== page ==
Using the Wisconsin Network - Part 18

by Andy Nemec, KB9ALN

In past editions of Using the Wisconsin Network, we have dealt with all sorts of networked packet radio node stations. This time, we will deal with a station that is not strictly a Network Node, but becomes part of a network in very many areas. This type of station also is capable of doing some nifty stuff, and you, or someone you know may even own one. It is a KA-Node, and it is inside of a great many of the Kantronics TNC's that are sold these days. A KA-Node is not a networked node in the strictest sense, but you can make a long-distance connection through a series of them to form a loose network, of sorts. They do not utilize the "Net/Rom" protocol, as Network Nodes do. They are strictly AX.25 nodes.

They are a sophisticated digipeater that operates on the same principle as a node. They repeat your packets, acknowlege the reciept of them, and acknowlege the receipt of a packet intended for your station before the packet is sent to you. In other words, they do not rely on "End-to-End" acknowlegment the way that digipeating does. Therefore, it is much more efficient when used as a node. The KA-Node can be used as a node on your usual 2-meter LAN frequency, and some can even act as a gateway to other frequencies or LANs. Most KA-Nodes have a Secondary Station I.D. of -7, although this can be changed to a different SSID.

They can also have an alias, but this alias is not recognized by network nodes (they don't speak the same "Net/Rom" language). There are two versions of the KA-Node. The single-port version is found on TNC's like the KPC-3, while the dual-port version can be seen in the KAM and 9612 TNC's. The single-port version is easy enough to get familiar with, it resembles a simple network node in many ways. When you connect to one, you will get a greeting and a prompt that looks something like this:

Welcome to my node, feel free to use it. PBBS is WX9APR-1

The B command is just like any other node or BBS - use it to do a polite disconnect.

The C command tells the node to connect to another station. C WZ9APR will tell the node to connect to station WZ9APR. If it is unable to connect to this station, the node will respond with:


The J command is the Heard List, and can be seen in three forms, J, JS, and JL. JS is a shorter form heard list, without the extras. JL will give a longer heard list, with the time and date the station was heard, along with digipeaters and the type of station it has heard.

The N command is also much the same as what one would encounter on a network node. It will list nodes, and it gathers a node list based upon the station ID that it hears from another station. Other KA-Nodes are shown on this node list, as well as any network nodes it can directly monitor on the frequency. KA-Nodes don't show nodes linked by backbone or wire link.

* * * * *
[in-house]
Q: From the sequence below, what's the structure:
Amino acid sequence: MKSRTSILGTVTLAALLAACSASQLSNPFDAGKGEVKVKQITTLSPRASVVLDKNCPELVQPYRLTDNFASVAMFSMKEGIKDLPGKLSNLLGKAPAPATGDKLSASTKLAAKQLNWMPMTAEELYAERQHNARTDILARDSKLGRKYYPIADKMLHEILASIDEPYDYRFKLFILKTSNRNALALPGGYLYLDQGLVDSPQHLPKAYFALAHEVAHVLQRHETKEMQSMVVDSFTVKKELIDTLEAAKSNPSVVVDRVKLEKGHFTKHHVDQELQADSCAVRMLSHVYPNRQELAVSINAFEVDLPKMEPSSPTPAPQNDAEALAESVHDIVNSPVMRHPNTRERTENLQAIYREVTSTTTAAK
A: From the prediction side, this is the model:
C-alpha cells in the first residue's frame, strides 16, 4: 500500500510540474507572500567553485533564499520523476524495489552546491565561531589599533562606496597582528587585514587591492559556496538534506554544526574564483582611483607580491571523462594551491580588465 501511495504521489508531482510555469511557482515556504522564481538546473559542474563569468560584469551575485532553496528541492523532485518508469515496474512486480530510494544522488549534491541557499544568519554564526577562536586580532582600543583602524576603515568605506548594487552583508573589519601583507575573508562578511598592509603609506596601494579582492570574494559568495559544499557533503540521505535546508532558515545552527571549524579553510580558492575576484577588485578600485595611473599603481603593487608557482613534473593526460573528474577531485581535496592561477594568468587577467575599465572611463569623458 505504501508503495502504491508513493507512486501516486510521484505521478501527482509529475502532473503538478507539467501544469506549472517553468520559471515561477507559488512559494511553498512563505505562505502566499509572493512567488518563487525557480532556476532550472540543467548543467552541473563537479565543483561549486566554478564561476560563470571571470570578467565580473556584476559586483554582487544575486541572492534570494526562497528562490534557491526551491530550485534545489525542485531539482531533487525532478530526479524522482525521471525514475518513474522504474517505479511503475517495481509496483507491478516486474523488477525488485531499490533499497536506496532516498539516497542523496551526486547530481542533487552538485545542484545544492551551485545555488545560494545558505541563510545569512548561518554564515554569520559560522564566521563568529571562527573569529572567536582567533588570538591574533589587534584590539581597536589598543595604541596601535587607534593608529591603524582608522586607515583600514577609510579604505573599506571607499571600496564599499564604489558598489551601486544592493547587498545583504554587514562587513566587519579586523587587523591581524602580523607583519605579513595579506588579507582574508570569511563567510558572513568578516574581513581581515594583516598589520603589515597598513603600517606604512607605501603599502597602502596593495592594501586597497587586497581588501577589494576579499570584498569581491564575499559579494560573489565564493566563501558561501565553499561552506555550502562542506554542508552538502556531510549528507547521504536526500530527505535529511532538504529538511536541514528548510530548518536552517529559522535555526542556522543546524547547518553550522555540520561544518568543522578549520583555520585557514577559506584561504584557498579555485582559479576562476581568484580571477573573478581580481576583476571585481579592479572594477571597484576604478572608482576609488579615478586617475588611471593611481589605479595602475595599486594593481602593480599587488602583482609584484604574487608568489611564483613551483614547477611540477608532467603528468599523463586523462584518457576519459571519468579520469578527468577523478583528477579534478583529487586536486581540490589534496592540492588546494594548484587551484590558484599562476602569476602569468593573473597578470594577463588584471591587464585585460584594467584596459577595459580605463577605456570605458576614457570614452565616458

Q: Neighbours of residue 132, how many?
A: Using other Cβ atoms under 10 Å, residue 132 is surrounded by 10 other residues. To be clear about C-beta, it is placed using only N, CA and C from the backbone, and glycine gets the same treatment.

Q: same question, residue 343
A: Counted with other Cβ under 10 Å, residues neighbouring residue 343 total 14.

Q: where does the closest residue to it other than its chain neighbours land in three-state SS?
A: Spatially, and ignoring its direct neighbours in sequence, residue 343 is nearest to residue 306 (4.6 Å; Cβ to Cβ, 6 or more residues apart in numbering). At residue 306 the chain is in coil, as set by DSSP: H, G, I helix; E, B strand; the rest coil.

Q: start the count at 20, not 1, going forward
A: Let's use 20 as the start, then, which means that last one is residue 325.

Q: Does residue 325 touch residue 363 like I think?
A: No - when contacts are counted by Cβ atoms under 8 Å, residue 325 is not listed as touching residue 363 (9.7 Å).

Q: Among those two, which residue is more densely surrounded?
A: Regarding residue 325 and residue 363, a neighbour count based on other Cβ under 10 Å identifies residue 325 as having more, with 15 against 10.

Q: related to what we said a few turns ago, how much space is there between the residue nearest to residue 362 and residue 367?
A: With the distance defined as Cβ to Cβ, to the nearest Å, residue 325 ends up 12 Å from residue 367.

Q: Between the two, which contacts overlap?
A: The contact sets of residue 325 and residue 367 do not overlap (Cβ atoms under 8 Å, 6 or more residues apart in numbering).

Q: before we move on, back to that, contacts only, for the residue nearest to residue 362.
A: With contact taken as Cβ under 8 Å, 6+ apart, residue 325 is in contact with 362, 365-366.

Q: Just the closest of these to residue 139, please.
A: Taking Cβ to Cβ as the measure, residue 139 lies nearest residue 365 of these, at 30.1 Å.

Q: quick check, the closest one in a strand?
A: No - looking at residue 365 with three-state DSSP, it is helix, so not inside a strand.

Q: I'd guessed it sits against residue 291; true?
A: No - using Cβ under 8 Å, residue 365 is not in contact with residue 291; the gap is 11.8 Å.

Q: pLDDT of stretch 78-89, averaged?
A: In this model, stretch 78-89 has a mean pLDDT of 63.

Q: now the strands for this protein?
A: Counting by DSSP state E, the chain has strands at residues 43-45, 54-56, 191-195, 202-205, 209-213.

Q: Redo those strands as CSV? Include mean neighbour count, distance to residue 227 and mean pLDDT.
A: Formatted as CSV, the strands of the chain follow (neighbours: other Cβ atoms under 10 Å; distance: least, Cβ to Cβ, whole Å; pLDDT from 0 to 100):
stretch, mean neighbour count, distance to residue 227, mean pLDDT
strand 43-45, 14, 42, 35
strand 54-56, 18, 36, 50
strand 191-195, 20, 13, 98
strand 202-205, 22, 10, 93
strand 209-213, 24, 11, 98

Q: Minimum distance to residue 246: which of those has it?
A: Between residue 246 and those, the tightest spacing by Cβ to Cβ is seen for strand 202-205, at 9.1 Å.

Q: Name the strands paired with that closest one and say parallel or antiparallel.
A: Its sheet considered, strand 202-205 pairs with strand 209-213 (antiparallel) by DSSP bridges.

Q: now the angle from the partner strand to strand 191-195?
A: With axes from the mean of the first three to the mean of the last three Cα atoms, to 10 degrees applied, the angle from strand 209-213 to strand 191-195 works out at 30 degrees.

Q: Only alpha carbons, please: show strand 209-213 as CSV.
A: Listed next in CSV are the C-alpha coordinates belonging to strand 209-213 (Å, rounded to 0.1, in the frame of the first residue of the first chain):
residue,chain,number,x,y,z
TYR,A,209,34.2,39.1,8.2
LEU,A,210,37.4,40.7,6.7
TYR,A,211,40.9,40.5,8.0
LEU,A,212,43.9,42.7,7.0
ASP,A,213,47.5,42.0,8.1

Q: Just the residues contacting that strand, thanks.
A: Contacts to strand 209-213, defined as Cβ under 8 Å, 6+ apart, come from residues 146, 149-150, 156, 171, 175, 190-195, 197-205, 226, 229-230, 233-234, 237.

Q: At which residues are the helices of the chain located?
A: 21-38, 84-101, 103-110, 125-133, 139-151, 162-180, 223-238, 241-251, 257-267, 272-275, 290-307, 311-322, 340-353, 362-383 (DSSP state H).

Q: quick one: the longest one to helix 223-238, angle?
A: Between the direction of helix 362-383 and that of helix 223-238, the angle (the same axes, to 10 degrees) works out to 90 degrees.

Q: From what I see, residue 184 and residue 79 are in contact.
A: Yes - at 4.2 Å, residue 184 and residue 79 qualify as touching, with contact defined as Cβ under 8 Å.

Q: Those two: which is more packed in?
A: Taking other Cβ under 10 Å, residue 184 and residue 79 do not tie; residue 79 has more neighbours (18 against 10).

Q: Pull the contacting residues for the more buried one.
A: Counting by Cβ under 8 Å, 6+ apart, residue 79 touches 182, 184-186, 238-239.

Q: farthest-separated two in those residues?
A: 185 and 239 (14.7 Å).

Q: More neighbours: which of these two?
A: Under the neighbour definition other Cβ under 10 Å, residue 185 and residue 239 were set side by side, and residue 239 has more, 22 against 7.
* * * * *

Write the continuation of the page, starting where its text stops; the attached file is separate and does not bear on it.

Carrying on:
The Help command will show all of the valid node commands and their variations. The Dual-Port KA-Node offers one other important feature that makes it all the more useful. There is one addition to the command prompt, and it looks like this:

Welcome to my node, feel free to use. PBBS is WX9APR-1

The X command is added, and the J Heard list is expanded a bit. And notice that it now tells you that you are connected on "Channel A". This node has two ports, or channels that connections can be made on. They can be configured to be "Channel A" and "Channel B", or "VHF" and "HF", to name a couple. When they are configured in this manner, the node becomes a "Gateway" to another frequency, and sometimes another mode. Using one of these nodes configured as a gateway is fairly easy. If the operator has the gateway enabled, you simply connect to the node and issue the J (heard) command. The heard list will indicate whether a given call-sign was heard on channel A, B, VHF or HF with a forward slash and an abbreviation after the call-sign. For example, this heard list shows:

WZ9APR/V 07/04/96 07:04
WY9APR/H 07/04/96 07:03

WZ9APR was heard at 7:04 on July 4th, on VHF. WY9APR was heard on the same date, one minute earlier, on the HF port. This is where the X command comes in. If you wished to connect to WZ9APR, you would use the C command. If you wished to connect to WY9APR, you would use the X command (Cross-Channel Connect) to make the connection. This tells the TNC to look for the station on the other port (channel). This presents some interesting possibilities.

The other port can be HF or VHF, or can be a different mode - like AMTOR, GTOR, or RTTY. If one of the ports is HF packet on say, 20 Meters, one could carry on a conversation with someone on the other side of the world, DX permitting. This node can also provide a VHF gateway to another VHF LAN. Usually the short greeting you receive when you connect to the node will tell you what port does what job.

Though KA-Nodes are not really part of the Wisconsin Network, there certainly are enough of them. Besides the gateway service they can provide, they are far superior to the practice of digipeating to a network node, should you have difficulty making a direct connection to a node on your LAN frequency. In this manner, they help you to better navigate through the Wisconsin Network.

On to Part 19 - Using the REQFILE and REQDIR on the MSYS BBS

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